So often we say we don’t want something, when in reality we want it badly.
Or we crack jokes to cover up a situation with humor when there is so much pain inside that we’d be crying otherwise.
Or we bully someone else because we are insecure within.
You must know yourself in order to find the corresponding opposite to your current feelings.
What makes life interesting is that, from one moment to the next, it is never dull. Emotions can shift from joy to pain in seconds. This also separates beginners from professional actors — the ability to understand the juxtapositions in every moment, the conflicts between opposing forces, and never have a dull moment in their acting.
They embrace the unpredictable.
Hitler did not see himself as evil, he saw himself as a savior to Germans. He saw himself as helping the poor, bringing prosperity to his people from the invading immigrants and Jews. As an actor, you must understand that human beings always justify themselves. Even the greatest villain of villains doesn’t wake up in the morning saying he is evil. He justifies how he is making the world a better place or whatever else.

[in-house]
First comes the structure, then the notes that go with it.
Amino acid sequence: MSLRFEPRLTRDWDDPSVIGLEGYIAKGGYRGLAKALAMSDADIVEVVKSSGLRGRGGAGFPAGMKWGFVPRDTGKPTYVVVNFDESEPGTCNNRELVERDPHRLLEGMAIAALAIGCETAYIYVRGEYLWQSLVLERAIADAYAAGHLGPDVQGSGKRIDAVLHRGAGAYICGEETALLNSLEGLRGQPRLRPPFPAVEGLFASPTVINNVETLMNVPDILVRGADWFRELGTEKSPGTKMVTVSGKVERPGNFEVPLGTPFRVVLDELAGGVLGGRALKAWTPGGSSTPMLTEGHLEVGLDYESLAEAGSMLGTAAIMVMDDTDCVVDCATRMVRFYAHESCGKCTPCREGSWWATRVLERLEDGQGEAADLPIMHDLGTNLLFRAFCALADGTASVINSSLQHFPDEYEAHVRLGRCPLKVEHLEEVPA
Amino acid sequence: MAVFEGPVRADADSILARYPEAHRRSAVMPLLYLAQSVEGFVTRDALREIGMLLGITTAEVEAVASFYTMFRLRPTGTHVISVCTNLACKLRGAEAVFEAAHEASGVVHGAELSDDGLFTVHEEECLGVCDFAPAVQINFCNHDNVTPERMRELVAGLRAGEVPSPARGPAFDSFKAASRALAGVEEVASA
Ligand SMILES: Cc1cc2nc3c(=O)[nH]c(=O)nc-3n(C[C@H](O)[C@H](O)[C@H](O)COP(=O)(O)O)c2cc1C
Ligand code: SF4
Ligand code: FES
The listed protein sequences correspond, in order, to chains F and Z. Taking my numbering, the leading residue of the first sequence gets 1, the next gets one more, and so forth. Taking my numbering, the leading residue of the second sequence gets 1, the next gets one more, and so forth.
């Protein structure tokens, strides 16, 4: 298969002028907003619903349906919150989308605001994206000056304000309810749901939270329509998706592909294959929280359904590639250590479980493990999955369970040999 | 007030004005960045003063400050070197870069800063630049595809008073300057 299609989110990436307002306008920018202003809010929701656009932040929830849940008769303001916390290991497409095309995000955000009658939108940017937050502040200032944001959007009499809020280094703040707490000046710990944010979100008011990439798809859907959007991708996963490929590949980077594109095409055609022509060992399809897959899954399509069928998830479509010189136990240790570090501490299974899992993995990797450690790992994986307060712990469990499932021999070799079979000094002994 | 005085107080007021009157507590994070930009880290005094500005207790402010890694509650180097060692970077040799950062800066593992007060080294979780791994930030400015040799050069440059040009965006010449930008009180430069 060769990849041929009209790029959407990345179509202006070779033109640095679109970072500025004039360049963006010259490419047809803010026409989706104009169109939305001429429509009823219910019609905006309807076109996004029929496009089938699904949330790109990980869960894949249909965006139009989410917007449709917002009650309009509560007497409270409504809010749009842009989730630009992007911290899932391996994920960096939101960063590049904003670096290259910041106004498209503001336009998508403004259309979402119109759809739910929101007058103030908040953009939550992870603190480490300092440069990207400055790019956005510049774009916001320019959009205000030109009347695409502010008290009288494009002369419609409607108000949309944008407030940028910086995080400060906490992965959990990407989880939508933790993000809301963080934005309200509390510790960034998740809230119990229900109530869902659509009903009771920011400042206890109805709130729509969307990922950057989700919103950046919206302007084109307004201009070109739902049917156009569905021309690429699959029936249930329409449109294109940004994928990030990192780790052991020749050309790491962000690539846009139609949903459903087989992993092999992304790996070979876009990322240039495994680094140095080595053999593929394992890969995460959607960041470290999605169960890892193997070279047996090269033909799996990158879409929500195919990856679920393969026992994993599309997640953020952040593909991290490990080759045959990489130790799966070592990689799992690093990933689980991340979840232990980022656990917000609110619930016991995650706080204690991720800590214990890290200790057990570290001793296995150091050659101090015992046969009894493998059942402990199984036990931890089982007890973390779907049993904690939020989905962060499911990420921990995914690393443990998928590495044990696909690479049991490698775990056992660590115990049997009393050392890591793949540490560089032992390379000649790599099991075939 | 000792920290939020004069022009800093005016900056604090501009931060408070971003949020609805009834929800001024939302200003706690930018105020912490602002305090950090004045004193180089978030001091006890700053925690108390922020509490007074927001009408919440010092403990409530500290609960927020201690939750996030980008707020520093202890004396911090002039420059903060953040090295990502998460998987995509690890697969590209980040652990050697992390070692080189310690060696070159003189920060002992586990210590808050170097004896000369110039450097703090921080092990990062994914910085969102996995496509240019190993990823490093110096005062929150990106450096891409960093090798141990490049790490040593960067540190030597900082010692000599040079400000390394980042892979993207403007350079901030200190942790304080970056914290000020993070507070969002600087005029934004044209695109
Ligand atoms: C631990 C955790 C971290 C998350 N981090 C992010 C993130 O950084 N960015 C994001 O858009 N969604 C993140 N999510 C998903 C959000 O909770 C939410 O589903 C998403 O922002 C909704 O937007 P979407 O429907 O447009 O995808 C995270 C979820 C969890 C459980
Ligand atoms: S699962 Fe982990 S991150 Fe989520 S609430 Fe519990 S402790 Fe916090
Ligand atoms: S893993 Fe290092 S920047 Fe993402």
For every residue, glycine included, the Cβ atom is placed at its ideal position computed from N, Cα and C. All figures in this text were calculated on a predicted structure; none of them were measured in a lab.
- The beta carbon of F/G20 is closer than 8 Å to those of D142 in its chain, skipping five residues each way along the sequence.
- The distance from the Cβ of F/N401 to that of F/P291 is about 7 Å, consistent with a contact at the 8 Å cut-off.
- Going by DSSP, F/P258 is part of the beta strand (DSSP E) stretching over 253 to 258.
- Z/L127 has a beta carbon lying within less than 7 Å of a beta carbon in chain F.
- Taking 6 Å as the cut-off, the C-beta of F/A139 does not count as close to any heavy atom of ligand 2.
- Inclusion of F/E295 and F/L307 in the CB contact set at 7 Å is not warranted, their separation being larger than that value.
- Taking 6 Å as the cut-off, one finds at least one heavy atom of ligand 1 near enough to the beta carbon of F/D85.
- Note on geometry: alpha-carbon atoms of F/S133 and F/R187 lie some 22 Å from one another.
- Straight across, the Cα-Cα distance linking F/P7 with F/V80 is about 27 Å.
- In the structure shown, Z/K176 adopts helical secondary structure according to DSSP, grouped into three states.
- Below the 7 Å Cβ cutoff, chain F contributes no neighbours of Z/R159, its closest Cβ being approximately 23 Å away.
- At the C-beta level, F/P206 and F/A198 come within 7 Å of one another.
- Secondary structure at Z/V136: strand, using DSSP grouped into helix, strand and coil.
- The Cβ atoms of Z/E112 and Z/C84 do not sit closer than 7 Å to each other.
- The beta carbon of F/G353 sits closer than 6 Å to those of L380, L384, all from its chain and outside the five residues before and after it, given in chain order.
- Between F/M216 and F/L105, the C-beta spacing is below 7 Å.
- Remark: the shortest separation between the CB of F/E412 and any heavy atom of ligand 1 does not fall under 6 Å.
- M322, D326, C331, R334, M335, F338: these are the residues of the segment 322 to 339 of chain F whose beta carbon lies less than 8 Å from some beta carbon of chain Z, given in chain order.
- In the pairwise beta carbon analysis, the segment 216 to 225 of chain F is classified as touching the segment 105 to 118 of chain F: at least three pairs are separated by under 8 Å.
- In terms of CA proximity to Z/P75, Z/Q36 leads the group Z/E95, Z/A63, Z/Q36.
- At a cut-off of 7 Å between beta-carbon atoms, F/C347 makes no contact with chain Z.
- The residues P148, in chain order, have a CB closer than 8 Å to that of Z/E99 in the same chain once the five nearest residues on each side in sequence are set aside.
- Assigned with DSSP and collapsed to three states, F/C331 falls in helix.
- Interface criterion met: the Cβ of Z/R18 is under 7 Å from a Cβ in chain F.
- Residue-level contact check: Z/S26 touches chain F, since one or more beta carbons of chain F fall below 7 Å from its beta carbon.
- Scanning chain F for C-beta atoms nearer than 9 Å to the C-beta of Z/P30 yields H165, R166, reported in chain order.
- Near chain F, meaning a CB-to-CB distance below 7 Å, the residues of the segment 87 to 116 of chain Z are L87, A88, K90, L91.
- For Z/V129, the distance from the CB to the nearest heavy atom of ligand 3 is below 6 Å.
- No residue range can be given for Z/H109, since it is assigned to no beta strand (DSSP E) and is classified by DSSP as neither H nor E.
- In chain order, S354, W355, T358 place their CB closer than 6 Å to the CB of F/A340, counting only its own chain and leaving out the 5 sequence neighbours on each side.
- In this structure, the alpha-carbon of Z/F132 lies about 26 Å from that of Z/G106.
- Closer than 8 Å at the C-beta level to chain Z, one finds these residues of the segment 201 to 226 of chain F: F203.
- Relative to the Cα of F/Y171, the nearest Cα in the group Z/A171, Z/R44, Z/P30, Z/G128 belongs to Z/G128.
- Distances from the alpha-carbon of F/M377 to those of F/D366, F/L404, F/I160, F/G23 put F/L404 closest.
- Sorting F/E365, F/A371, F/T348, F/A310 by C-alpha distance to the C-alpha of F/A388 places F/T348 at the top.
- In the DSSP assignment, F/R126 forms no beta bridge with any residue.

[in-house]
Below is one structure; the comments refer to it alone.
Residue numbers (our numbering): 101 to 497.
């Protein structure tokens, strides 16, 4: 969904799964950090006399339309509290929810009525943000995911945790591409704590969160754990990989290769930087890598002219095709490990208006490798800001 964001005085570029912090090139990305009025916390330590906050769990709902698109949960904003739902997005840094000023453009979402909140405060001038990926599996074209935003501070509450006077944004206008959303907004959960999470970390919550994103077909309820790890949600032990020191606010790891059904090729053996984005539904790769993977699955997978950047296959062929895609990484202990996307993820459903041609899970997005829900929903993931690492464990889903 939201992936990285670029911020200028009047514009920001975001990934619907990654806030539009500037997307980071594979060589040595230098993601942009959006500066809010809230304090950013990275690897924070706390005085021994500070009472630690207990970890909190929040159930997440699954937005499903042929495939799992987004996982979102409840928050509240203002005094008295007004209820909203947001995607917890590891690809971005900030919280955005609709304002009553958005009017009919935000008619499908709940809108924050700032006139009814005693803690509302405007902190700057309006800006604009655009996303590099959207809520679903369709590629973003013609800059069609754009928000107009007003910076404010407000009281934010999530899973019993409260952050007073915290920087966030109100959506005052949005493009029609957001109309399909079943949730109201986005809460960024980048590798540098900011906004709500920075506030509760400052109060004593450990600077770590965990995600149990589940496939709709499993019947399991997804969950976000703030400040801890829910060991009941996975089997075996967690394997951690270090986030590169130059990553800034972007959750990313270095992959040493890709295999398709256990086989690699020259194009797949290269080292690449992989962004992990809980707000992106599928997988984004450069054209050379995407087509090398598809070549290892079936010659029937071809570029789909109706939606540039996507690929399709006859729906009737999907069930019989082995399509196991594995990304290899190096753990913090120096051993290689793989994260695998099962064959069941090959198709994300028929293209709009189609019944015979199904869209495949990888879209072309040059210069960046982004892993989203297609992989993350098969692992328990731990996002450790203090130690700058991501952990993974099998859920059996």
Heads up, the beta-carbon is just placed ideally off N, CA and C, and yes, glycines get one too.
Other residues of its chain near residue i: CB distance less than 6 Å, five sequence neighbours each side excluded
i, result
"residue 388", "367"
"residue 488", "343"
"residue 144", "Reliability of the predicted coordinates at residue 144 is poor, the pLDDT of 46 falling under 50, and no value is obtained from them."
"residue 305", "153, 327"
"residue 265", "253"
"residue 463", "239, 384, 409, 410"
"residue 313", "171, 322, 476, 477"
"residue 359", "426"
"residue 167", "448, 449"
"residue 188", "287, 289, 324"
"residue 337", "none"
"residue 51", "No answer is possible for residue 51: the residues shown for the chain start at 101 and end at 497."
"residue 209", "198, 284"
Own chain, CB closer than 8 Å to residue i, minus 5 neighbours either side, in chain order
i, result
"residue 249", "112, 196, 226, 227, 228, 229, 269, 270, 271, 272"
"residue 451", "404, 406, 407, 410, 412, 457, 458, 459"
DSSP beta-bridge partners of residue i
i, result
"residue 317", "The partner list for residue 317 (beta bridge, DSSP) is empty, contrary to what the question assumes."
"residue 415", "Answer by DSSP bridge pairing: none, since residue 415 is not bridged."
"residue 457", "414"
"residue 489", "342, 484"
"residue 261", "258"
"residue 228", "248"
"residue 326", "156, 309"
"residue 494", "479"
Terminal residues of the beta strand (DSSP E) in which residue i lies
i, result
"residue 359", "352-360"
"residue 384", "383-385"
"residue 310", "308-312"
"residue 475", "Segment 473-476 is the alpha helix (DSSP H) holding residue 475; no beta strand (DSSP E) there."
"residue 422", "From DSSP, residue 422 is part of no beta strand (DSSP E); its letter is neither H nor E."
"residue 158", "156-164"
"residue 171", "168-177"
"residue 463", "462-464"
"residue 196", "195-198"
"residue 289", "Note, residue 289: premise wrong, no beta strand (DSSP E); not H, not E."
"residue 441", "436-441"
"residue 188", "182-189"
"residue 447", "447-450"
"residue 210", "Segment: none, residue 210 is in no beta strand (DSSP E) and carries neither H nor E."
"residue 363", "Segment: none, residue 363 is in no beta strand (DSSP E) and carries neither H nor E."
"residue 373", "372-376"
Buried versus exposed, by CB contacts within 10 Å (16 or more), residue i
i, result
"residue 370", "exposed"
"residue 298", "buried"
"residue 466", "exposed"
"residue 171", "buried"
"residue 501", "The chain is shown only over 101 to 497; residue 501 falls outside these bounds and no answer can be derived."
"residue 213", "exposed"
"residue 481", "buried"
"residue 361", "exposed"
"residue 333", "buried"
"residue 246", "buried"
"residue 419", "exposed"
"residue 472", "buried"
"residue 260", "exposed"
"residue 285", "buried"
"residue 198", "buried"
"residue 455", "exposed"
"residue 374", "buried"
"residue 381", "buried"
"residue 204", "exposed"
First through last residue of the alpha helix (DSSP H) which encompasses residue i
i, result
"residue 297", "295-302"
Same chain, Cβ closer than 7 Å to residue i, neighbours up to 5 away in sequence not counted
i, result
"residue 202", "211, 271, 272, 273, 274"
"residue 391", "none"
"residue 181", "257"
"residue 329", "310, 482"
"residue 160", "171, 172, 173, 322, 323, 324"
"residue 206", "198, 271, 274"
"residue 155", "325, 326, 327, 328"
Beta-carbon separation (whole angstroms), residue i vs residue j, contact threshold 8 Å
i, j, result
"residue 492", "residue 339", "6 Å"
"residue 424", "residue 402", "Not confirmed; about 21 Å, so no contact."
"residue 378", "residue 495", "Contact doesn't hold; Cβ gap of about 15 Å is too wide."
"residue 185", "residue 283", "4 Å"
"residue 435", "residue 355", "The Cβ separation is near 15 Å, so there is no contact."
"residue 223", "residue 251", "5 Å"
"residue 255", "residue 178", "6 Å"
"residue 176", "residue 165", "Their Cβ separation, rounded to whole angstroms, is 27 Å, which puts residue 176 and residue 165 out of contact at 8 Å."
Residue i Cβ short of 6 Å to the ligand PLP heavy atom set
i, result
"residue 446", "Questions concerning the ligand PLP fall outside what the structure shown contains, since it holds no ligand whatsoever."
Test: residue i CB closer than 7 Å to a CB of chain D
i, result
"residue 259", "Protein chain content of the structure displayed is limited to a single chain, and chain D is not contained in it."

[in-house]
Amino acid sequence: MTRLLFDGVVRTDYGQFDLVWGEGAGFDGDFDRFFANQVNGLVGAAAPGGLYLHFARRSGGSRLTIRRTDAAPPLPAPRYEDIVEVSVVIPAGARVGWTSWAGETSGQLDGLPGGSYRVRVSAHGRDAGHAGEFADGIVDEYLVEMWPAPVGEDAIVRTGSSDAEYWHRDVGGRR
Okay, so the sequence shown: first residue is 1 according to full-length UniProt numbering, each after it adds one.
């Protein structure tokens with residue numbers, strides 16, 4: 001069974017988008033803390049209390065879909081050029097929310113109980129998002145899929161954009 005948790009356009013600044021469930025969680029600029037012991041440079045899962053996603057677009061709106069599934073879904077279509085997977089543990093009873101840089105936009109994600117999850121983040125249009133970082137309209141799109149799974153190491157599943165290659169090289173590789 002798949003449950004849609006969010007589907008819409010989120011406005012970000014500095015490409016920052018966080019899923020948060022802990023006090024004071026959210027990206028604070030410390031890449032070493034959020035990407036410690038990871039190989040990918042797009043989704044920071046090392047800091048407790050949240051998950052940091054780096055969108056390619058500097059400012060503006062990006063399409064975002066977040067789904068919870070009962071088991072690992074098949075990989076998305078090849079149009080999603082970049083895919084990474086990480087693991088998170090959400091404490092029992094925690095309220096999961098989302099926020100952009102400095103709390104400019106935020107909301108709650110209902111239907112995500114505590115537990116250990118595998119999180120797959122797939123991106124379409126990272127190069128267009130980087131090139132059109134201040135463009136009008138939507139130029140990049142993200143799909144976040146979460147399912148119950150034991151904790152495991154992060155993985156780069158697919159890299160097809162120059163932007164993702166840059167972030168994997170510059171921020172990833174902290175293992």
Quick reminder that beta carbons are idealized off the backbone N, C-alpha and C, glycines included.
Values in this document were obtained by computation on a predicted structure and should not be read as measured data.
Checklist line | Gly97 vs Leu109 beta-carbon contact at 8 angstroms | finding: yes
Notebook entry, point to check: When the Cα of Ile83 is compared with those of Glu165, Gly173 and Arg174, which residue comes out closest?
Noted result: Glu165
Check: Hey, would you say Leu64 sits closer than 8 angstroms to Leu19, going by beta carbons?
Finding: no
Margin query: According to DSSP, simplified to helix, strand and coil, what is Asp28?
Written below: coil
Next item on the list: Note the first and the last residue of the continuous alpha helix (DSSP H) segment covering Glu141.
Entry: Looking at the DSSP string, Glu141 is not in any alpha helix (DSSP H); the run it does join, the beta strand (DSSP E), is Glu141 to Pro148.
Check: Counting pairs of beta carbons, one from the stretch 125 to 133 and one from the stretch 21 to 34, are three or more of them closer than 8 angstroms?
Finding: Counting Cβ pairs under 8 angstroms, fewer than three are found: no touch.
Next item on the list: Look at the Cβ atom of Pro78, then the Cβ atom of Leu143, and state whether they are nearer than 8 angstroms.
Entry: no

Actors often judge their characters, but if you judge them through your lenses, then you’re missing the point. You haven’t gone deep enough.
In life, sometimes there are people who seem like jerks. How are you supposed to relate to them? Why would you?
You must be able to understand how they justify their behavior and try to see the world as they do in order to connect deeply. If you practice patience in this way, you’ll learn to understand more about why people do the things they do.
The next time you meet someone that you don’t like, try stepping into their shoes for a moment to understand their perspective. Let yourself get to know them before passing judgement or making a decision about their character. You might find that you learn something brand new from them. Or you might just confirm that you don’t like them. 🙂
This may be the most important point, and here’s why: if you cannot be brutally honest with yourself, the previous pointers will not work.
Being brutally honest with yourself can be hard, even painful. You may find yourself coming face to face with some ugly inner demons. But if you’re not brutally honest with yourself, you will limit your growth and lower your chances of success.
Here are some questions to ask yourself to keep that ego in check:
You can’t fix or something if you don’t know what exactly is wrong with it.
It’s that simple.
But it hurts a lot until you overcome it… which you will.
Whether your goal is to become an entrepreneur, a leader of any sort, an actor, or just a good friend with a lot of close relationships, these lessons will help you in your life.